Last night, the EU formally agreed to a Brexit delay until 22 May if MPs agree on a deal next week. If not, the UK has until 12 April to figure out the next steps. The tension was high during the week as EU leaders disagreed on the best course of actions with some favouring a lengthier extension to give the UK time to find a tangible solution, others opting for a short extension in light of the European elections, and finally some accepting the risks of no deal. Despite their differences, EU leaders built a consensus (n. “a generally accepted opinion or decision among a group of people”, to save SW1 readers an Internet search) and gave the UK some homework: agree to a deal next week or find a solution by 12 April to avoid leaving without a deal.
Mending fences after burning bridges
Starting today May will have to mend fences in parliament and try, for the third time, to gain support for her deal. She’ll have to roll up her sleeves for this one. Earlier this week, May angered MPs across parties as she defied parliamentary procedure when she requested a shorter extension than agreed last week. In addition to an angry parliament, the prime minister will have to play nice with Commons Speaker John Bercow, who earlier this week ruled out a third vote on a deal unless it had substantial changes.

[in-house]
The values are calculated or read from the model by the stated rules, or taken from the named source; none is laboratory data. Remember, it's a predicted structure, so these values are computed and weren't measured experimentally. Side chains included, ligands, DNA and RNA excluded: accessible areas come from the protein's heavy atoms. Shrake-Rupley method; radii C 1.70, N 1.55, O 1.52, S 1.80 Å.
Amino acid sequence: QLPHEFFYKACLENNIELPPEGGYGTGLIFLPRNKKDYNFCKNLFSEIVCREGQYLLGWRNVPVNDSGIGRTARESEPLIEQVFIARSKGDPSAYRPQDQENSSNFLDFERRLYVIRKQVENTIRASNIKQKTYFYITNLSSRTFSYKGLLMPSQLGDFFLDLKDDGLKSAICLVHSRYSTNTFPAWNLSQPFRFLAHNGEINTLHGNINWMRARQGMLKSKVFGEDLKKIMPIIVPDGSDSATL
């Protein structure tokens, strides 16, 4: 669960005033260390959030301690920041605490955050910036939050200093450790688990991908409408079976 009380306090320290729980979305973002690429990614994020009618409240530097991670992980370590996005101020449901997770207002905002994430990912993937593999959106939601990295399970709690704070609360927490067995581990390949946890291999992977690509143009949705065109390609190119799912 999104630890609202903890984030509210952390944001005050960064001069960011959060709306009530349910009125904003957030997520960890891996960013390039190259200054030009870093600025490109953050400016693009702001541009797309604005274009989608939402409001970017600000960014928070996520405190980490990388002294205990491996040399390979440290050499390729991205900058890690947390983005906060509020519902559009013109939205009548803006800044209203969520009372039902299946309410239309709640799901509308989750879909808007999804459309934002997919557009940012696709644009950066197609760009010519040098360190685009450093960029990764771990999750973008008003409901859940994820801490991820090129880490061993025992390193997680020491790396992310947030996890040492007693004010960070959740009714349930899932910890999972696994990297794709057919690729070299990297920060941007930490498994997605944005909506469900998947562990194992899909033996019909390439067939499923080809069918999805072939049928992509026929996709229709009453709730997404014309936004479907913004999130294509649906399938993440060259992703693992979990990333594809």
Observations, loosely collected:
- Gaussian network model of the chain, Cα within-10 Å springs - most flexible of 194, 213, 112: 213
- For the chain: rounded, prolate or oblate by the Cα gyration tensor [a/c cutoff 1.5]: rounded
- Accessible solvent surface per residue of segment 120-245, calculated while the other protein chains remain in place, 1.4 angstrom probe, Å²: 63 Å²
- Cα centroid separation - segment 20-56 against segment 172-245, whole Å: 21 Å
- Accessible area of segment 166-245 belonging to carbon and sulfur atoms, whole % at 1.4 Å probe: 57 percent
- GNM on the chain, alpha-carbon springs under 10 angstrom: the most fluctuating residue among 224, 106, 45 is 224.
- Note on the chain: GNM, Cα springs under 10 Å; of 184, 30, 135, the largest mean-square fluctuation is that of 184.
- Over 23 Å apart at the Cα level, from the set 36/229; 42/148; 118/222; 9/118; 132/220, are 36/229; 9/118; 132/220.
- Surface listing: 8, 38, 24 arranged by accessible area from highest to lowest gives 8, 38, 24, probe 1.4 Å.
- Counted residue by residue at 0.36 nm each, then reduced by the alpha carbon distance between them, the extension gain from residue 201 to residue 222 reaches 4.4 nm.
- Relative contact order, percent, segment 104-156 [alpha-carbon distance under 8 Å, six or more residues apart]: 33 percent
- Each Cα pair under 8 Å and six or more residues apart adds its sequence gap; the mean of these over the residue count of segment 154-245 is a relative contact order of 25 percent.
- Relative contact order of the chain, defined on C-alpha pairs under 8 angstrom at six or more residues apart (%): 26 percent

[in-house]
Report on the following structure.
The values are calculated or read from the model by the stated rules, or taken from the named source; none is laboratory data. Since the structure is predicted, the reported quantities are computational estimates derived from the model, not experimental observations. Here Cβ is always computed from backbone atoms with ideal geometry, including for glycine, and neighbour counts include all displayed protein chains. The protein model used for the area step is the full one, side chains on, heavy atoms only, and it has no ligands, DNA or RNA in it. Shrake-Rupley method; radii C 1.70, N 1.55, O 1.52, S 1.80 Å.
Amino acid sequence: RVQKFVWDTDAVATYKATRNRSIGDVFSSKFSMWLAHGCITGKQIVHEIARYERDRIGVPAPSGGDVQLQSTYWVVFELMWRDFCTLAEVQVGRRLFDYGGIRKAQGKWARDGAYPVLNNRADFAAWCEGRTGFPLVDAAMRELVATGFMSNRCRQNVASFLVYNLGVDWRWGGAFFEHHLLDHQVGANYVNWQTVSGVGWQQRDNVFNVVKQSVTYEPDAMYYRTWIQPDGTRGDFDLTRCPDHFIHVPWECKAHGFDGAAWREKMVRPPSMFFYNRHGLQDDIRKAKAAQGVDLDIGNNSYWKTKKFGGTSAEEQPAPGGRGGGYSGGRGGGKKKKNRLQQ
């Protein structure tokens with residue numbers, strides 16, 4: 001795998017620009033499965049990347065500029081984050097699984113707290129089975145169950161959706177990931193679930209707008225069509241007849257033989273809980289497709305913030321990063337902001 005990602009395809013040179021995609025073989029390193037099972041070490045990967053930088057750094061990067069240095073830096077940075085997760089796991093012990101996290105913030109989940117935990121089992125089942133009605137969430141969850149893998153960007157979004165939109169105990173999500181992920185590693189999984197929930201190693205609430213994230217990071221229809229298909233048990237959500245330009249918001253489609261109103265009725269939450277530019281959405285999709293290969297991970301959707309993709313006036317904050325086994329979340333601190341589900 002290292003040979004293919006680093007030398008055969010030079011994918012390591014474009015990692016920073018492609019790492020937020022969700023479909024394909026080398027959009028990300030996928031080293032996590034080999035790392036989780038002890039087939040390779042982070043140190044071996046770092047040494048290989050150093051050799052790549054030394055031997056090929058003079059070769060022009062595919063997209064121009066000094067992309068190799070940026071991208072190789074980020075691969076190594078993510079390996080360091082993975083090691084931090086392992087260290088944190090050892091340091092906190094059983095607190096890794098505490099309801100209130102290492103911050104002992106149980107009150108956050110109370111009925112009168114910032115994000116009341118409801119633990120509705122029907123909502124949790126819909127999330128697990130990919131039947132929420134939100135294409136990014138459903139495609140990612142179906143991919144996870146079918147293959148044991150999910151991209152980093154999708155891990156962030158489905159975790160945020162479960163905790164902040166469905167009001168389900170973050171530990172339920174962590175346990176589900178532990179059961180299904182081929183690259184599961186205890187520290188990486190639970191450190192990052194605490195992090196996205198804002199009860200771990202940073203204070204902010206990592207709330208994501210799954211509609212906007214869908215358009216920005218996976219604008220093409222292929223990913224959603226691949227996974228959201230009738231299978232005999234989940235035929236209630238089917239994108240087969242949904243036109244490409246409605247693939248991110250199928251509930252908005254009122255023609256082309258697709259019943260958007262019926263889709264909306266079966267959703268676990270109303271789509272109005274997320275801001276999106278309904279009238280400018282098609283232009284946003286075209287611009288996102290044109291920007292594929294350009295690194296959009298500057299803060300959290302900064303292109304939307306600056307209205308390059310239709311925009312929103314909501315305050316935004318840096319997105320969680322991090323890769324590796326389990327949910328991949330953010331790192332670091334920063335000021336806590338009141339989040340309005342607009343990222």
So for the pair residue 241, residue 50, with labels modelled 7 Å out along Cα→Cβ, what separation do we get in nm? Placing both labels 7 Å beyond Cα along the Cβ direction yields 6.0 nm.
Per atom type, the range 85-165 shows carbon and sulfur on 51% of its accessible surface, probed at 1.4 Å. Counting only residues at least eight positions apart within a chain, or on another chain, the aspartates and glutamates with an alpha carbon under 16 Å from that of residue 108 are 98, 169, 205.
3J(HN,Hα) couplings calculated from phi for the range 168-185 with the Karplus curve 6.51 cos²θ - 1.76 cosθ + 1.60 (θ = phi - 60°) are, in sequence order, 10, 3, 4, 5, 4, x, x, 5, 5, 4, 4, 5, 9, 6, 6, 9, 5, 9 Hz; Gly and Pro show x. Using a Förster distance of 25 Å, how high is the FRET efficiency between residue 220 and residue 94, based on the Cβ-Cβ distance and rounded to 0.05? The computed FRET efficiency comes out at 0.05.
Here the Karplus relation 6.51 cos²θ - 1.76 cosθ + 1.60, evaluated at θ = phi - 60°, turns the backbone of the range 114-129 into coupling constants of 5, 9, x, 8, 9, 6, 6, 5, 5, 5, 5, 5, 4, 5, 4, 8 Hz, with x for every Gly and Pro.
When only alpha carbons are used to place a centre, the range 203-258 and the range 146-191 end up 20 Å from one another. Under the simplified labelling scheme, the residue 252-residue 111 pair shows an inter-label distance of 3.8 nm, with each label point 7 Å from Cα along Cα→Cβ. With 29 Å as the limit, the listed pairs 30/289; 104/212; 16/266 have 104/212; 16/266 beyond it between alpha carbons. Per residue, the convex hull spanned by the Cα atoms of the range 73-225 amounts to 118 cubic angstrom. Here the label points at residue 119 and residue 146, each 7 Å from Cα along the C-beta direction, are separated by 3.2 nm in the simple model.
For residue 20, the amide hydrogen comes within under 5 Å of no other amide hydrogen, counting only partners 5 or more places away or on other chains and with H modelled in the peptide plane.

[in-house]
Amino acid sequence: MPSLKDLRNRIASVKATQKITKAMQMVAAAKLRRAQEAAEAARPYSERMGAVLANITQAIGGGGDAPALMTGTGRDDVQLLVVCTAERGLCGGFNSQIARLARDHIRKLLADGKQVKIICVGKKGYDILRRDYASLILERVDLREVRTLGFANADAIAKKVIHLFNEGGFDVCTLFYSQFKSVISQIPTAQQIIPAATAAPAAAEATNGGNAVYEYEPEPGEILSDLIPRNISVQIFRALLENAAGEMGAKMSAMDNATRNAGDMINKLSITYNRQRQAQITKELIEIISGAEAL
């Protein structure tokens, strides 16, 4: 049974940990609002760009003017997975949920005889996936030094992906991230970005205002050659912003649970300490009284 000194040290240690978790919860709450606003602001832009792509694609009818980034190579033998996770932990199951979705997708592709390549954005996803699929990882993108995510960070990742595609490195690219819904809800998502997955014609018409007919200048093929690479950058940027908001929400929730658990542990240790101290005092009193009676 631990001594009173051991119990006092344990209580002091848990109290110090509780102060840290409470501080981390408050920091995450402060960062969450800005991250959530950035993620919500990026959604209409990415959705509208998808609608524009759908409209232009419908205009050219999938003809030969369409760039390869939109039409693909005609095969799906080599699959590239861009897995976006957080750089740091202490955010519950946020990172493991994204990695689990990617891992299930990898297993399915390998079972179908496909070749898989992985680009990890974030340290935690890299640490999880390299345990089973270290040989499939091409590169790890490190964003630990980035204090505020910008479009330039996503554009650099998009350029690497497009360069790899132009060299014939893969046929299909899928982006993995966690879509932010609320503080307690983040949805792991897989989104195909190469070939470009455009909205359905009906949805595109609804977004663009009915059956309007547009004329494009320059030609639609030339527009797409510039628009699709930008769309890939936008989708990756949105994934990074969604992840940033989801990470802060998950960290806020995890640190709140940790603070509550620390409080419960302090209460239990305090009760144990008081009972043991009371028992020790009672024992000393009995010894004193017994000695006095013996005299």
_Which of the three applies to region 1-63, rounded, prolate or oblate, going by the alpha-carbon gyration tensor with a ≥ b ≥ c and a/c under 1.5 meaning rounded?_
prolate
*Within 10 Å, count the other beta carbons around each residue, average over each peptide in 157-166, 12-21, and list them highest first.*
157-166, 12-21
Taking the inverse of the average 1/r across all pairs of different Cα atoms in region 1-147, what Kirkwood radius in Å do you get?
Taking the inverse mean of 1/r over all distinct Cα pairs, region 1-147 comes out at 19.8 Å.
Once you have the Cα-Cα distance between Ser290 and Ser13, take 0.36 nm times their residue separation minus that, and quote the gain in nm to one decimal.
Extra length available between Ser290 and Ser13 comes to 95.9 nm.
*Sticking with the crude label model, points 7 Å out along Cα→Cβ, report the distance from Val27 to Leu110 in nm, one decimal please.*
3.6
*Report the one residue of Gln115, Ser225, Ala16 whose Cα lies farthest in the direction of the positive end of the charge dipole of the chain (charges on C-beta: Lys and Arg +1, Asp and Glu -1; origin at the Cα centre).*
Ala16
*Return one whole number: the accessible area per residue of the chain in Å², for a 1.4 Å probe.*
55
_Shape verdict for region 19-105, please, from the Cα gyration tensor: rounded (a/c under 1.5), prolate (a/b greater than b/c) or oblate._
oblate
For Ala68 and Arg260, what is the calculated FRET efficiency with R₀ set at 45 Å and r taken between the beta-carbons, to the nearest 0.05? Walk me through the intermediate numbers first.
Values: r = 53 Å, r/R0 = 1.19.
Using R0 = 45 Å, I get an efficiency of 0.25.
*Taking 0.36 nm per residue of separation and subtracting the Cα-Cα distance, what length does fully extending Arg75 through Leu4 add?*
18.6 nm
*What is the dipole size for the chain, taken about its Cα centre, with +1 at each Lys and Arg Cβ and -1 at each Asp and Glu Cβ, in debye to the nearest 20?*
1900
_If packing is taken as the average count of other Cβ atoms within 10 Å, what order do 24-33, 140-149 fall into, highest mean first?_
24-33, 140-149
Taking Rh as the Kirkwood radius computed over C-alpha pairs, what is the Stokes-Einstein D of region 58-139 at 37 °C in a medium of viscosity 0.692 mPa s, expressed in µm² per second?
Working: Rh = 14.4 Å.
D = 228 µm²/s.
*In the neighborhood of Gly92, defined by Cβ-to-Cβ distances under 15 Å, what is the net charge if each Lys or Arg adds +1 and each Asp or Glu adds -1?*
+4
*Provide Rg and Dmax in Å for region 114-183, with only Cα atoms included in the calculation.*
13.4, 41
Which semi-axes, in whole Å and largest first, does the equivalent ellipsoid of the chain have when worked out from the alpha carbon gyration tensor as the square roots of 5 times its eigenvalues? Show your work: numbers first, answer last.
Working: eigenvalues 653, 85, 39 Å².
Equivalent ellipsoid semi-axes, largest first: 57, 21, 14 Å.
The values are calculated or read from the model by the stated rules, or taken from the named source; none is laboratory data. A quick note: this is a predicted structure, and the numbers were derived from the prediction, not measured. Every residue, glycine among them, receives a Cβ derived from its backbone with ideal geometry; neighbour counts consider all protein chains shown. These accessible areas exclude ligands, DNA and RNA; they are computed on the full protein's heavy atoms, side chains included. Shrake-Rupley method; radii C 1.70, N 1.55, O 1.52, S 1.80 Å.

Find a solution, any solution
If, or when, MPs reject the Withdrawal Agreement next week, the clock will start ticking. The UK will need to find a solution. The options, despite Westminster’s fervent hopes, remain exactly as they were in 2016: cancelling Brexit, softening Brexit, or no deal. In this case, the UK would revert to WTO trade rules and the issue of the Northern Irish border would be left unresolved. If they extend, the political parties will have to scramble up candidates for the European elections.
Again with the soft Brexit
Meanwhile, opposition parties are preparing their own contingency plans. Leaders from the SNP, Liberal Democrats, Plaid Cymru and the Green Party are calling for a second referendum and attempting to bring a reluctant Labour on their side. Main opposition leader Jeremy Corbyn has been careful not to officially support the “People’s Vote” campaign, spending most of his time pushing for a soft Brexit (based around a customs union, or a Norway-like deal) and negotiating with like-minded EU leaders.